“When I decided I was going to come and do a masters, I had people say to me, ‘If you go to theology school then you lose your faith.’ That was their perception,” she said. “Underneath there’s a fear that if you question too much you lose your faith. But why would that make you lose your faith? Never to ask the question seems to me counter-productive.” 

Bigger and deeper questions may not yield final, firm and unchanging answers. The more you know, the more aware you become of what you don’t know. But there’s a vast difference between understanding and pat answers. 

“You can’t be a theologian and a fundamentalist at the same time. They’re utterly contradictory,” said McQueen. “One is exploratory and the other is boxed-in with those certainties already.” 

The Catholic attachment to truth and understanding is a model of how we can be religious without being fundamentalist. 

“That they (the Vatican) have not only the ITC but the Pontifical Academy for Life and the Pontifical Academy for Science — they’re consulting all those people from all over the world, different professional backgrounds, because they recognize the needs of all… They’re not going to go on having committees for just the sake of it.”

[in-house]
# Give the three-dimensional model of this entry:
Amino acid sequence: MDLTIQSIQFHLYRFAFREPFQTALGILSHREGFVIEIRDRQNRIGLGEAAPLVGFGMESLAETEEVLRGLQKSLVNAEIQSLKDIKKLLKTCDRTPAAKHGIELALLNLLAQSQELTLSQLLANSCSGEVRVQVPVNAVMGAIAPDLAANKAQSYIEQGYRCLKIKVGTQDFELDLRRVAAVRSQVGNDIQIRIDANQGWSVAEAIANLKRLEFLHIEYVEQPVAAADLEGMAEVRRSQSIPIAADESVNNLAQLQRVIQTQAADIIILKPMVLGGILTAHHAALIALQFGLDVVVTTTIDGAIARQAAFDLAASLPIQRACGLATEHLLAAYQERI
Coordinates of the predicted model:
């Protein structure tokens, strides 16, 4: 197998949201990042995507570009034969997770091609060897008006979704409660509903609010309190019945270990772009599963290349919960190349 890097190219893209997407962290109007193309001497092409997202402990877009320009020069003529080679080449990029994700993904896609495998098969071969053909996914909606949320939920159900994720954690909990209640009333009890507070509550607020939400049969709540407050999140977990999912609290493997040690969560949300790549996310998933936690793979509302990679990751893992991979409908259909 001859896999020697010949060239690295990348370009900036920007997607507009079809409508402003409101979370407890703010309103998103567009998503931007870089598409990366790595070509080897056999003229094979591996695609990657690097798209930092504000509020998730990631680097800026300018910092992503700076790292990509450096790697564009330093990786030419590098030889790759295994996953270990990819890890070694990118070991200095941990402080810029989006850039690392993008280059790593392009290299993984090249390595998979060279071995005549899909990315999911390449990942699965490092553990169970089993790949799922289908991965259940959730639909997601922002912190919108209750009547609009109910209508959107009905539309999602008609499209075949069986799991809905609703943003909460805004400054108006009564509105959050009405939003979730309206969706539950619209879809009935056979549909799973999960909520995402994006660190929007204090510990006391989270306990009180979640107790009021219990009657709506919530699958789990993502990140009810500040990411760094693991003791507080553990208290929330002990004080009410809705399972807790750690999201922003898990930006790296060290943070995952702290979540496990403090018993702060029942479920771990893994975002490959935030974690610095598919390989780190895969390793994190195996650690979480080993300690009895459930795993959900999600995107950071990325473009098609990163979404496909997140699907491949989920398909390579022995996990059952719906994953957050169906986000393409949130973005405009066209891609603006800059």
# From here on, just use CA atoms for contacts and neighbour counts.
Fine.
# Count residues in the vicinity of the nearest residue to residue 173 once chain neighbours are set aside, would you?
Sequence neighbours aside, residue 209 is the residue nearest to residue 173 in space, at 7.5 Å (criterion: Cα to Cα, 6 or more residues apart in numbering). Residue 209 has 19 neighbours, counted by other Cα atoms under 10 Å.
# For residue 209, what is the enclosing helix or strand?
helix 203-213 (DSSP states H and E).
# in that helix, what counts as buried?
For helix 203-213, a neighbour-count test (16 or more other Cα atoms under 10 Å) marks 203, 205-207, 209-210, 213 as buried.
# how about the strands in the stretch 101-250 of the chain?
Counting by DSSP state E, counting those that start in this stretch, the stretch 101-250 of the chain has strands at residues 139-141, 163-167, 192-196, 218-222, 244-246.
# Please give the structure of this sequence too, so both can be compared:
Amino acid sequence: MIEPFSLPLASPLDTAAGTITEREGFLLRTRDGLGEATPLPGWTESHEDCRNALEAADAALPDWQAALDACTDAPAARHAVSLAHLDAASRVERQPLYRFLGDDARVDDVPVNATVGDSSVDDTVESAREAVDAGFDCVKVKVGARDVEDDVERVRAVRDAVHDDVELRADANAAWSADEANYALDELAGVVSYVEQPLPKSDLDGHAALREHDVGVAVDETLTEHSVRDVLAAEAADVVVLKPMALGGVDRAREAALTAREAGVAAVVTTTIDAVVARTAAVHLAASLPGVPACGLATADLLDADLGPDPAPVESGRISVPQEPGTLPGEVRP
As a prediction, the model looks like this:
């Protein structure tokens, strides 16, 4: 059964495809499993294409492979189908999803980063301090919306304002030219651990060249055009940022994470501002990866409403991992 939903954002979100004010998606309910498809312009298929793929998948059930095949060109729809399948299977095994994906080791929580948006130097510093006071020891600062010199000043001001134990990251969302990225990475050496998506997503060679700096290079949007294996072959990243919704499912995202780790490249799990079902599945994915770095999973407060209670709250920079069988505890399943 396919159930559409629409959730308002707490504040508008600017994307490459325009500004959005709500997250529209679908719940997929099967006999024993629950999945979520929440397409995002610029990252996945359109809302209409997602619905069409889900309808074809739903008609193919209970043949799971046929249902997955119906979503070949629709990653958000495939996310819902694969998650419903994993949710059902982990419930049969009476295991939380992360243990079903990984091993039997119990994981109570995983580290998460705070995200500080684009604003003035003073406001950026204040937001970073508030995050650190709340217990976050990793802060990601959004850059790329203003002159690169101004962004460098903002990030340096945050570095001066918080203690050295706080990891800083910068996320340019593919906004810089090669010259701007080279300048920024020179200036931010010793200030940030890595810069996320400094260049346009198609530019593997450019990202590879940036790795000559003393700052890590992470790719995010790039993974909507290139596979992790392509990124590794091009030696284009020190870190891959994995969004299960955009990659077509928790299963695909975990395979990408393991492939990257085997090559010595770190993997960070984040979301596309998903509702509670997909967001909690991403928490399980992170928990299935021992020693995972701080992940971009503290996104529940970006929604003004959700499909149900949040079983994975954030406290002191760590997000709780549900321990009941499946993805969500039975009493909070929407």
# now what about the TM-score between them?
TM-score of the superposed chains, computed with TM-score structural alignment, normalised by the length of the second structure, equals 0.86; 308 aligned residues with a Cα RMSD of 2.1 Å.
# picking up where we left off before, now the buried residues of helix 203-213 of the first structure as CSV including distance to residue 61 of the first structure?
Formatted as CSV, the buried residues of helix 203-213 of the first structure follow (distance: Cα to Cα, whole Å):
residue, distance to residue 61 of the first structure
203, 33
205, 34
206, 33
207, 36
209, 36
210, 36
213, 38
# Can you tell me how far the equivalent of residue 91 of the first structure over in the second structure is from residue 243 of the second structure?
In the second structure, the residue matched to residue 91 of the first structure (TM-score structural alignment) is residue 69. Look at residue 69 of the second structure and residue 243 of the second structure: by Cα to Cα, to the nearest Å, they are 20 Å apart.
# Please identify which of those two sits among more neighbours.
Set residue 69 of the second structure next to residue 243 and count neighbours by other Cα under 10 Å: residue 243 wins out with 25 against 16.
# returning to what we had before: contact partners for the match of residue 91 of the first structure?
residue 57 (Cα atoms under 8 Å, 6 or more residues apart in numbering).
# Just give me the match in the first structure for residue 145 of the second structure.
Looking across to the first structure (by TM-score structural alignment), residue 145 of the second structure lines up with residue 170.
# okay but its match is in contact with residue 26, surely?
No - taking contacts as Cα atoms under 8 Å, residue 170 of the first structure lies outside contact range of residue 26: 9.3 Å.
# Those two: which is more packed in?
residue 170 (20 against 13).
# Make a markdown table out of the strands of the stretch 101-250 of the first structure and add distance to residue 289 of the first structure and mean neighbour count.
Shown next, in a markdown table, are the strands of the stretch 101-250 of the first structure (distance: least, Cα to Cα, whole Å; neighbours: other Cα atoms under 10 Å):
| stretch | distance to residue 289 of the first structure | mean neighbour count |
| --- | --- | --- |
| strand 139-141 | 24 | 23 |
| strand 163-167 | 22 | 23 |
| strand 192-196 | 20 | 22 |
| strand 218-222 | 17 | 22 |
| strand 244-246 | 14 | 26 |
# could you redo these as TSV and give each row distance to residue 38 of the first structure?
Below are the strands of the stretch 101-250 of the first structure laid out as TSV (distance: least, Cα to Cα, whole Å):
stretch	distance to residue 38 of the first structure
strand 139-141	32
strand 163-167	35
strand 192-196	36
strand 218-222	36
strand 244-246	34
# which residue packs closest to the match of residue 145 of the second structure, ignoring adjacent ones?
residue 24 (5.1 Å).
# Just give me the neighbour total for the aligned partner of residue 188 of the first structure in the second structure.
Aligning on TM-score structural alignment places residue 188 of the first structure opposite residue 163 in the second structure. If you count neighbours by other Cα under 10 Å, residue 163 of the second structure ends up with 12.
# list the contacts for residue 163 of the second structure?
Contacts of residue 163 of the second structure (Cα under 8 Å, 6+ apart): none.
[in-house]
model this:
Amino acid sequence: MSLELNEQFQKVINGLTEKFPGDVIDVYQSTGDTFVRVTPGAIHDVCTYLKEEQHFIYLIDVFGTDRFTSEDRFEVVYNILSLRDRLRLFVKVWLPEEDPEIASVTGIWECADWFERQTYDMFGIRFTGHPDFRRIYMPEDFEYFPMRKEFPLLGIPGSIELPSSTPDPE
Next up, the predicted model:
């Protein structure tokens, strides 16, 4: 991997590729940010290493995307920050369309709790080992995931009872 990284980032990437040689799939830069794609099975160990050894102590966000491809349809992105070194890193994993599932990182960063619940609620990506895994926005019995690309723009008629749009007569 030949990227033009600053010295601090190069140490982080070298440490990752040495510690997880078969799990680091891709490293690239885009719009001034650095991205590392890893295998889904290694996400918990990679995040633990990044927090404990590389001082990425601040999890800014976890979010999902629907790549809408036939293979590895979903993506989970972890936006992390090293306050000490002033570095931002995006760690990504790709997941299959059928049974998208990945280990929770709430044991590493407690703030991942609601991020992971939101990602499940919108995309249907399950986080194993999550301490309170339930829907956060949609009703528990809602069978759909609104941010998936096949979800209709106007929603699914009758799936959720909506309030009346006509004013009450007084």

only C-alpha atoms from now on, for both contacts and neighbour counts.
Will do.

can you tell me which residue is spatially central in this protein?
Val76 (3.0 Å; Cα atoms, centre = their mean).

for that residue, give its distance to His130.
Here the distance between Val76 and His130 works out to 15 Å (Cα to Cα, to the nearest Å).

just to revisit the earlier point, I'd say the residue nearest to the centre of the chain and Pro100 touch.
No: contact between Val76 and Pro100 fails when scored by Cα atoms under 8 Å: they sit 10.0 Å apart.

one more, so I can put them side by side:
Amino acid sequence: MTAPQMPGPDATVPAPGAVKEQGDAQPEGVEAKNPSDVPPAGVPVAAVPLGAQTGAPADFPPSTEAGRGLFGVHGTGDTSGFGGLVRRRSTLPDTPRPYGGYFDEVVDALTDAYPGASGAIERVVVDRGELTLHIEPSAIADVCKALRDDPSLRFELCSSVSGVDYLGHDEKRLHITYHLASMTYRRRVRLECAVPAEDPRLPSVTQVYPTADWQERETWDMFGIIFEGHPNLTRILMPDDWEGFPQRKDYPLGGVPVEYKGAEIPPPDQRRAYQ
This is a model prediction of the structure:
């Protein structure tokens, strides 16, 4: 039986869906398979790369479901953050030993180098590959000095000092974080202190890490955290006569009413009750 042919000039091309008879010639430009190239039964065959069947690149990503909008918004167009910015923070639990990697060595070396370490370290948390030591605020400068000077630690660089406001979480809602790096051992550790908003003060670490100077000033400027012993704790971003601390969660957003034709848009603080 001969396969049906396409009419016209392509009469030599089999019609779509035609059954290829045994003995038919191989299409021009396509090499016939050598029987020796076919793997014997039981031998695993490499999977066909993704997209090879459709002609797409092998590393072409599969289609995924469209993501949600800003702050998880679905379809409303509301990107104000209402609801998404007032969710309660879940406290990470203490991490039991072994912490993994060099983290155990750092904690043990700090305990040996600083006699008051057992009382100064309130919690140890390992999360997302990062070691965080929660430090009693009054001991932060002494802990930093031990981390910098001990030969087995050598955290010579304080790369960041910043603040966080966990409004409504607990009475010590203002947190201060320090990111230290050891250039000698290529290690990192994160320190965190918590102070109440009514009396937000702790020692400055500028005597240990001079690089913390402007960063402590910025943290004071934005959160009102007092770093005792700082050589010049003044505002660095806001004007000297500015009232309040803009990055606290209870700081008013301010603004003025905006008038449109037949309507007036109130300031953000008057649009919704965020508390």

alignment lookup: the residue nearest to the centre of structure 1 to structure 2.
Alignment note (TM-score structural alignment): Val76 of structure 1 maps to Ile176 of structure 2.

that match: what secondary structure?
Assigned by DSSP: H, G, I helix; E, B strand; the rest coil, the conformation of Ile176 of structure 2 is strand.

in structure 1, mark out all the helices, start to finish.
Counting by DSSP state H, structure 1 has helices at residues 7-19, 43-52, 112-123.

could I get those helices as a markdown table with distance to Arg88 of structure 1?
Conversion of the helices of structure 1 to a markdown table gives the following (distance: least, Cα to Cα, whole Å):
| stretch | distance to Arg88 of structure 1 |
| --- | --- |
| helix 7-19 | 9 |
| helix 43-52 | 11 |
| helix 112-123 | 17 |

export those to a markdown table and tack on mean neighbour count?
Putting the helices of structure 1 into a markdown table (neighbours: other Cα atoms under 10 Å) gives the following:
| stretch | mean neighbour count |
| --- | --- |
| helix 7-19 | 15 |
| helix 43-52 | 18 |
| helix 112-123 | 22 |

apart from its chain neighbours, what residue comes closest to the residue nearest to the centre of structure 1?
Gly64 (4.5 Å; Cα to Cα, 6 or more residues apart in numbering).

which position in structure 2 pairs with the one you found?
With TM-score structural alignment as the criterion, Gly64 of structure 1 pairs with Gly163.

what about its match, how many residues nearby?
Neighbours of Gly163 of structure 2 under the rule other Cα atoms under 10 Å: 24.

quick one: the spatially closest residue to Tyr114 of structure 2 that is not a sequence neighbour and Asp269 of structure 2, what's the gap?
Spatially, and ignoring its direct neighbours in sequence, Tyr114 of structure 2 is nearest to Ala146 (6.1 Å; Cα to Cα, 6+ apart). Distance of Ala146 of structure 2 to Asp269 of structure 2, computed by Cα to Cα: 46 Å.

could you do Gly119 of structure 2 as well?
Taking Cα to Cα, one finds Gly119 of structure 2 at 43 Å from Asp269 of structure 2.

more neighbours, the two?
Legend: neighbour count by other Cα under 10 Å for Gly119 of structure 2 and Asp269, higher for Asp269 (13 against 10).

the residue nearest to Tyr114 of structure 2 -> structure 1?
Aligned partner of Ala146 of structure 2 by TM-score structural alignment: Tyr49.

Watching the Synod on the Family unfold, McQueen is just as excited and interested as the rest of the theological community. She wonders what aspect of the range of topics that have come up in the synod the ITC might be asked to look at when it meets Dec. 1. 

The Congregation for the Doctrine of the Faith hasn’t told the theologians what they will discuss. The group will meet in Rome and then be presented with an agenda. 

When McQueen looks back at the list of eminent theologians who have been part of the International Theological Commission since it was inaugurated in 1968 — Karl Rhaner, Bernard Lonergan, Walter Principe, Henri de Lubac, Yves Congar, Avery Dulles and Walter Kasper among them — she wonders what her contribution might be. 

“The good thing is that it’s teamwork. There are 30 people in the room,” she said.